We need universal background checks, which is supported by nearly 90 percent of Americans. Currently, sales from non-licensed dealers, which may sell at gun shows or online, are not subject to a background check. Some studies estimate these sales account for nearly 50 percent of all gun sales, and a disproportionate number of those guns are used in illegal activity.

Community members attend a vigil
Family, friends and community members attend a vigil in Indianapolis, Ind. on April 18, 2021, to remember the victims of a mass shooting at a local FedEx facility. JEFF DEAN/AFP via Getty Images

We need better enforcement after the gun sale. One study estimated that at least 100,000 convicted felons illegally possess firearms. Governor Greg Abbott stated that Texas law enforcement should redouble their efforts to keep guns away from dangerous individuals, and has highlighted "lie-and-try" legislation that makes it a state felony to provide false information when trying to purchase a firearm.

We know guns are trafficked in the U.S., therefore in addition to state-led efforts, it is crucial that states and the federal government partner together. With the rise of so-called Second Amendment Sanctuaries across the country, a dangerous lack of coordination may be looming. If local, state, and federal agencies don't work together to continuously enforce our existing laws, then they just make it easier for the bad guys to get a deadly weapon.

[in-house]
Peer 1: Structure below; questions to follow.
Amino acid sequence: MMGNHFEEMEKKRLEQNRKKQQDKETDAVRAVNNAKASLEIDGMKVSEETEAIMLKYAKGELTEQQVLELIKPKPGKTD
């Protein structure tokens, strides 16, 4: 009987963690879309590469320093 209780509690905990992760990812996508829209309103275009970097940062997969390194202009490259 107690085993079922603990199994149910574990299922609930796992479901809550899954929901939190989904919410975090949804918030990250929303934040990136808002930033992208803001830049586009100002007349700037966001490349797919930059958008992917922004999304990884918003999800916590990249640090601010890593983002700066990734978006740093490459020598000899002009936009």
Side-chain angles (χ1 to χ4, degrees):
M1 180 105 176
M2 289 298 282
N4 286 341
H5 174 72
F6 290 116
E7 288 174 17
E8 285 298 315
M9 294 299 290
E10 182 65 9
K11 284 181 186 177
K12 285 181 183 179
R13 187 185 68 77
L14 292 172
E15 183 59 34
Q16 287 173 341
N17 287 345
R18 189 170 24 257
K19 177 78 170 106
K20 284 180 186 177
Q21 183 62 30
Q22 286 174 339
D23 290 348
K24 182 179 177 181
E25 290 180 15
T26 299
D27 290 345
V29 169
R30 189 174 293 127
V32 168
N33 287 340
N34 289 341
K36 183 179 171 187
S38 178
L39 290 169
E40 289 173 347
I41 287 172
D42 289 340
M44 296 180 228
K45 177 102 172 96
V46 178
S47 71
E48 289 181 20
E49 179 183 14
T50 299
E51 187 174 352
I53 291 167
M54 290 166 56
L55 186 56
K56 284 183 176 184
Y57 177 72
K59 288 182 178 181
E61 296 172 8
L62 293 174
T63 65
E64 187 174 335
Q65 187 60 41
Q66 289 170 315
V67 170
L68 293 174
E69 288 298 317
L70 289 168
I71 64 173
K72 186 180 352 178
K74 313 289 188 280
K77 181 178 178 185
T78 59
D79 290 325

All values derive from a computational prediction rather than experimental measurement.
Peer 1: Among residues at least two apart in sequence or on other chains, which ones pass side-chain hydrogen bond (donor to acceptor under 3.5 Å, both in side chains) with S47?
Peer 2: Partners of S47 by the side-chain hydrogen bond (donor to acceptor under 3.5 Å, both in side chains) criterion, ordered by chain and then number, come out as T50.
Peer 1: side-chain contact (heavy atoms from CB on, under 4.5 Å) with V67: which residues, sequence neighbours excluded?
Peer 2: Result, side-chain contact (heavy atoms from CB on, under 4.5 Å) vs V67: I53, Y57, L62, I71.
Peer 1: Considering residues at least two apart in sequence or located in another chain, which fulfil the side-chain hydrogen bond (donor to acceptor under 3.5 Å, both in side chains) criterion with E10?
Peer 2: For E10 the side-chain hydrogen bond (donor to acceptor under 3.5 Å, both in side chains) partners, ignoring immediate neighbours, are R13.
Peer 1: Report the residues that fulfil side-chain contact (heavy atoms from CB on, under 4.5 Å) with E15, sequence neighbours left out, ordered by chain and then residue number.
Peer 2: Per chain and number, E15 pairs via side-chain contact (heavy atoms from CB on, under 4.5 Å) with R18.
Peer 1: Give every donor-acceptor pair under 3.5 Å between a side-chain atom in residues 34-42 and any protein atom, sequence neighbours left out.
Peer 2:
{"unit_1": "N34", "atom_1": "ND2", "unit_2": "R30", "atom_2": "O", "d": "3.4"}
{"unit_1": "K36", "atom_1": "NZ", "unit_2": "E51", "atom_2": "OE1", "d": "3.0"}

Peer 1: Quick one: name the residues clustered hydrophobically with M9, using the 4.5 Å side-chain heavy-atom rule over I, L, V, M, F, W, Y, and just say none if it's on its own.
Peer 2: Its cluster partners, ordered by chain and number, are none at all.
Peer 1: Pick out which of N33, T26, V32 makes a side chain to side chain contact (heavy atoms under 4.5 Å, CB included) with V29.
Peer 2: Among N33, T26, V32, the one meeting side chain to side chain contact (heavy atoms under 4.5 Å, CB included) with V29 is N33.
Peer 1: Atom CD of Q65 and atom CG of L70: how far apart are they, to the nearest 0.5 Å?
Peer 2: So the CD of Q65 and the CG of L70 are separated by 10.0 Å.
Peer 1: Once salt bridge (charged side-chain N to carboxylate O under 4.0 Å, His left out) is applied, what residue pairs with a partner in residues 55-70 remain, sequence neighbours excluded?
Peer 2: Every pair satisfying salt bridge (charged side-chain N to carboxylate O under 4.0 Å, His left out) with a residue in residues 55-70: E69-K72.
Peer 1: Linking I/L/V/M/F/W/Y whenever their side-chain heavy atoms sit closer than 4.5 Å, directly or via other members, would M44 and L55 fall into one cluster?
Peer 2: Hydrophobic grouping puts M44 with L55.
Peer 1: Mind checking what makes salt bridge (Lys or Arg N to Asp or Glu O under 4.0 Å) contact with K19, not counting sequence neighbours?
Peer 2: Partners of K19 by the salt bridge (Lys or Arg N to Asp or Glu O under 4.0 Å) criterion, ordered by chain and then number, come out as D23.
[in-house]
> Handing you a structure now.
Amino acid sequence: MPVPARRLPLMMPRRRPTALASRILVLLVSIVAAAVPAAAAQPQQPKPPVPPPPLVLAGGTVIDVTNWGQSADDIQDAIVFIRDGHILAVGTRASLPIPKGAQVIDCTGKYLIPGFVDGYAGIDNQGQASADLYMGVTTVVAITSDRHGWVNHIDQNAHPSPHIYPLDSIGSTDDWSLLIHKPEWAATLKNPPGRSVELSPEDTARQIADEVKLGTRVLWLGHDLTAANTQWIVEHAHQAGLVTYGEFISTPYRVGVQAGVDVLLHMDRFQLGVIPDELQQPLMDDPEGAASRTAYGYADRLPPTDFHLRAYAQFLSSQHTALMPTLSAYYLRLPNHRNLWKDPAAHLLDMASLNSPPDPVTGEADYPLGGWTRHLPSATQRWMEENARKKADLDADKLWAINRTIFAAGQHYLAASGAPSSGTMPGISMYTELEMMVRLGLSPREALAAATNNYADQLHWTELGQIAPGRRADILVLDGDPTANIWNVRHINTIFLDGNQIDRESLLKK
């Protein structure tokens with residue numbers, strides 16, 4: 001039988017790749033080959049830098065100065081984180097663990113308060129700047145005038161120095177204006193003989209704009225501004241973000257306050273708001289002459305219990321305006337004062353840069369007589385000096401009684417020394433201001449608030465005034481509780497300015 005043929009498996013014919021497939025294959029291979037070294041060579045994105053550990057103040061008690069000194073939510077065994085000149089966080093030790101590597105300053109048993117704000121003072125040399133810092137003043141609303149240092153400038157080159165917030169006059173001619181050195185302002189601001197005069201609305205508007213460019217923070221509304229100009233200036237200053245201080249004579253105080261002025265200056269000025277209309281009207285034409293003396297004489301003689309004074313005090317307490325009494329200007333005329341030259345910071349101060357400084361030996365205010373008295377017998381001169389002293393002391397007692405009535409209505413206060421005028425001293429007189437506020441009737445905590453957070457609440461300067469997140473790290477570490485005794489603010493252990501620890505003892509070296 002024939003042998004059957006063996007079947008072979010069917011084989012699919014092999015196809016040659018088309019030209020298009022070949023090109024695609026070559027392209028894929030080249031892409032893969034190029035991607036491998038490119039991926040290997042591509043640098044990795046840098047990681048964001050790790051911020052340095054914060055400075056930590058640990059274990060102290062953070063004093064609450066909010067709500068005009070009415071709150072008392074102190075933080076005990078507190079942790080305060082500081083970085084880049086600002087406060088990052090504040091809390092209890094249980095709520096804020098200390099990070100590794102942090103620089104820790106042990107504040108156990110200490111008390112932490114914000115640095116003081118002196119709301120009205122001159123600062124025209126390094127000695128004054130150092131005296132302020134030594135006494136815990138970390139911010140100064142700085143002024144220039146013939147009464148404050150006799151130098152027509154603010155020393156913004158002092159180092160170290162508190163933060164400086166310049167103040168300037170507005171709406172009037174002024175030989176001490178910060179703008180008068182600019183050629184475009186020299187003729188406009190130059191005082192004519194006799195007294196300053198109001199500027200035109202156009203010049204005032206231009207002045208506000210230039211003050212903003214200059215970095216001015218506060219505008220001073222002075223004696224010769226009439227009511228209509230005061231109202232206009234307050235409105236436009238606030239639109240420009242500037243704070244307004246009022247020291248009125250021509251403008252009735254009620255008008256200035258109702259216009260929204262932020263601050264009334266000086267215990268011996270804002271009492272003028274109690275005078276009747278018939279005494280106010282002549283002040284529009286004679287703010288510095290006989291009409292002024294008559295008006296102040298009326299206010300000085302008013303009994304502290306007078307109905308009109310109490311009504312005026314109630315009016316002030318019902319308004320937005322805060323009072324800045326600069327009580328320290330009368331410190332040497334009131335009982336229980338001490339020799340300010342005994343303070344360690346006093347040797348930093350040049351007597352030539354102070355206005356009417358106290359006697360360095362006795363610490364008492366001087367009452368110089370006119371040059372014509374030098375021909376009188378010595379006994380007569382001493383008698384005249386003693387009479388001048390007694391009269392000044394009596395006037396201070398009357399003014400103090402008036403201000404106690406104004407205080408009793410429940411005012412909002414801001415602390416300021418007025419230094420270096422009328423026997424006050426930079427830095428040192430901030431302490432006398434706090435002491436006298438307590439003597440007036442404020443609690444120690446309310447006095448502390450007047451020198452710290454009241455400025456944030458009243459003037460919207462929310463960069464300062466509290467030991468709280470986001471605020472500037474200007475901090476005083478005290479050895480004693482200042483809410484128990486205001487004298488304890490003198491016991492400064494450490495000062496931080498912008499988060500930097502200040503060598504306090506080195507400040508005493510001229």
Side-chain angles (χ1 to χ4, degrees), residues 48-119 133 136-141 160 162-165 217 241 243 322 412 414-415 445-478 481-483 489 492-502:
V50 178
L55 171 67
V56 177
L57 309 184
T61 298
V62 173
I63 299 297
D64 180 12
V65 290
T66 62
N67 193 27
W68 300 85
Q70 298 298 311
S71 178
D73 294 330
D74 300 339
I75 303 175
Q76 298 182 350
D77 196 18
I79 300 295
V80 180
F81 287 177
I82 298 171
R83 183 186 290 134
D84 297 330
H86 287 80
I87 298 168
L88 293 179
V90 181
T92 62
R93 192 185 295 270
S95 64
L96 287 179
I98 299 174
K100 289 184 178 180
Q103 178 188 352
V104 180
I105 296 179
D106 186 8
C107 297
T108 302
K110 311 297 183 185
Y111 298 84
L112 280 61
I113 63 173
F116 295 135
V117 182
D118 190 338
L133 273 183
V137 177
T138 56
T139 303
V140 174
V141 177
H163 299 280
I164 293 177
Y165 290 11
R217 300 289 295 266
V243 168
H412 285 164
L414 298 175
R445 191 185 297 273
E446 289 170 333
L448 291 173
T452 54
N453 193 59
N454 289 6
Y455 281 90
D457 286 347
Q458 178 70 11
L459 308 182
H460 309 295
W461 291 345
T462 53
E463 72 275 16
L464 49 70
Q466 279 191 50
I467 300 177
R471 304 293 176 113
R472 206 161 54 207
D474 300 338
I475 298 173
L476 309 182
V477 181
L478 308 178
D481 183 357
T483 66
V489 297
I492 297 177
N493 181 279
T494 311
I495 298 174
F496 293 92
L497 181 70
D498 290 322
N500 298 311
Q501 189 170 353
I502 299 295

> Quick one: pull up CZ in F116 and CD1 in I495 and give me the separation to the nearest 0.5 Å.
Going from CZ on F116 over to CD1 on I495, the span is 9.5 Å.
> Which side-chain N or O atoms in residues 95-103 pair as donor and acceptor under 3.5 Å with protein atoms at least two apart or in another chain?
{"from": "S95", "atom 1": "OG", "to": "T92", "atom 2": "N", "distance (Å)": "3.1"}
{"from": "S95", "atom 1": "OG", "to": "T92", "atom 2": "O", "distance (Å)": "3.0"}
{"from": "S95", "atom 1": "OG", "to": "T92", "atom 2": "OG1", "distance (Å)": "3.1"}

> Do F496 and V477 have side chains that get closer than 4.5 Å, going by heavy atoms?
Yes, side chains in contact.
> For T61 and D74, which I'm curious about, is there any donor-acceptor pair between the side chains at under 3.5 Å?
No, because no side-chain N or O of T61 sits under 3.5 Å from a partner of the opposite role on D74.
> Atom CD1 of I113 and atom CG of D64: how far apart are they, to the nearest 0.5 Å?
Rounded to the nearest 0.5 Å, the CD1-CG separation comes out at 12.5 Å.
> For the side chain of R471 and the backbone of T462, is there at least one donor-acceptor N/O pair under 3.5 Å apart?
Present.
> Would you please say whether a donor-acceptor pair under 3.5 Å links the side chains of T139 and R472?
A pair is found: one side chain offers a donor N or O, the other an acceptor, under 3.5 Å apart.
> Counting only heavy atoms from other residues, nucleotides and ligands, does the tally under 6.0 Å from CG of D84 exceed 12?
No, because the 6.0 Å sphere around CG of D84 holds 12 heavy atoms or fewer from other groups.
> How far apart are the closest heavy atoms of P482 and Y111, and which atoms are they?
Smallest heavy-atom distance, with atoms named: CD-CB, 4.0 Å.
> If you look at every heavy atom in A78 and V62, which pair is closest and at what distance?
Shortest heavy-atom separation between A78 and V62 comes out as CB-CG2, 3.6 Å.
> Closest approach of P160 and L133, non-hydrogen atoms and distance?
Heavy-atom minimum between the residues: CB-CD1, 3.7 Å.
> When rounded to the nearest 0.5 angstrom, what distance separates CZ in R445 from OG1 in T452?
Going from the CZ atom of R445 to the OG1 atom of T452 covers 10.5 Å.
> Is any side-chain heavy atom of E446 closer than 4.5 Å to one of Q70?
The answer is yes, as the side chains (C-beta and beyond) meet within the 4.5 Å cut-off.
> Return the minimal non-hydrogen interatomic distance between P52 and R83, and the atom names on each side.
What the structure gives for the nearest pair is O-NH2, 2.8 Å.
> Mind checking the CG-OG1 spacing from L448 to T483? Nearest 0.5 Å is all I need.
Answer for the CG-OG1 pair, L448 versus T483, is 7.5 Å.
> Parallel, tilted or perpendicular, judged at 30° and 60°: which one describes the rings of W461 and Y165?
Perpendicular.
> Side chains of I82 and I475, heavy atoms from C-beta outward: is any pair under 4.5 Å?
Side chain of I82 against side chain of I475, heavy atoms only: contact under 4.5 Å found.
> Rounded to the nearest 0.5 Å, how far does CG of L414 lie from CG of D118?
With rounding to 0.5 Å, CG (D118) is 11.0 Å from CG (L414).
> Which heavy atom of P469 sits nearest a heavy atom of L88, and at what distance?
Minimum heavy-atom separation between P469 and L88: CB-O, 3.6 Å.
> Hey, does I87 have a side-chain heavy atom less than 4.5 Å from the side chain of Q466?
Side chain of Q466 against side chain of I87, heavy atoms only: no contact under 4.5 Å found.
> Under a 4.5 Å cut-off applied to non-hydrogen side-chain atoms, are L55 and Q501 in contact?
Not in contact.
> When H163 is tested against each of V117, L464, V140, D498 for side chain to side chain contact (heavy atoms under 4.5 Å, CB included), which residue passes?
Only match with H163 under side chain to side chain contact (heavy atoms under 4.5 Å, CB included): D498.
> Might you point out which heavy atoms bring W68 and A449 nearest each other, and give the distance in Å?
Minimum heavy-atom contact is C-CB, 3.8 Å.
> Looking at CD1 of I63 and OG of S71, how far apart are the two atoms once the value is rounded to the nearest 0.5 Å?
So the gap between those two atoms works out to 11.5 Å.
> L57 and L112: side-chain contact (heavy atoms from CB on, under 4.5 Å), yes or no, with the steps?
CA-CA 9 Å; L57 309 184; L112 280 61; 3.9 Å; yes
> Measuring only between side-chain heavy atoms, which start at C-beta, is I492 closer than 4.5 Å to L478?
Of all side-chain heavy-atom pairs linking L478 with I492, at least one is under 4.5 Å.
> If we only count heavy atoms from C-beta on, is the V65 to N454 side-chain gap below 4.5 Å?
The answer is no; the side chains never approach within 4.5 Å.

In addition to regulating purchase, safe or secure storage laws can have a meaningful impact. Research shows child access prevention (CAP) laws are associated with a 17 percent reduction in gun-homicides committed by young people. Thousands of guns are stolen each year, and then in turn used in crimes. Safe storage is critical to keeping guns in the hands of responsible gun owners.

AR-15s, which contain large capacity magazines (LCMs), were used in 33 of the 49 high-fatality mass shootings that took place between 2004 and 2017. LCMs allow shooters to fire hundreds of bullets before needing to reload. And when a shooter has to pause to reload, victims may flee (as they did in Parkland) or a good guy gets the opportunity to stop the shooter (as in the 2011 Gabby Giffords shooting).

At this junction, AR-15s will continue to be in circulation. Therefore, we urge a licensing framework, similar to that in Connecticut, to make sure the gun owner understands the rights and responsibilities that come with owning this very powerful, and potentially very deadly, weapon.

States that have adopted licensing measures see a reduction in their gun death rates. Why? Because these policies stop more of the bad guys from ever having guns in the first place. And that makes it possible for the good guys to either keep their guns holstered, or if needed, to stop a shooter.

We know these laws can save lives. We need to start right now.

Jennifer Necci Dineen is associate professor in residence of public policy at the University of Connecticut and the associate director of the University of Connecticut's ARMS Center.

Kerri M. Raissian is associate professor of public policy at the University of Connecticut, director of the University of Connecticut's ARMS Center, and co-leader of Connecticut's Scholars Strategy Network.

The views expressed in this article are the writers' own.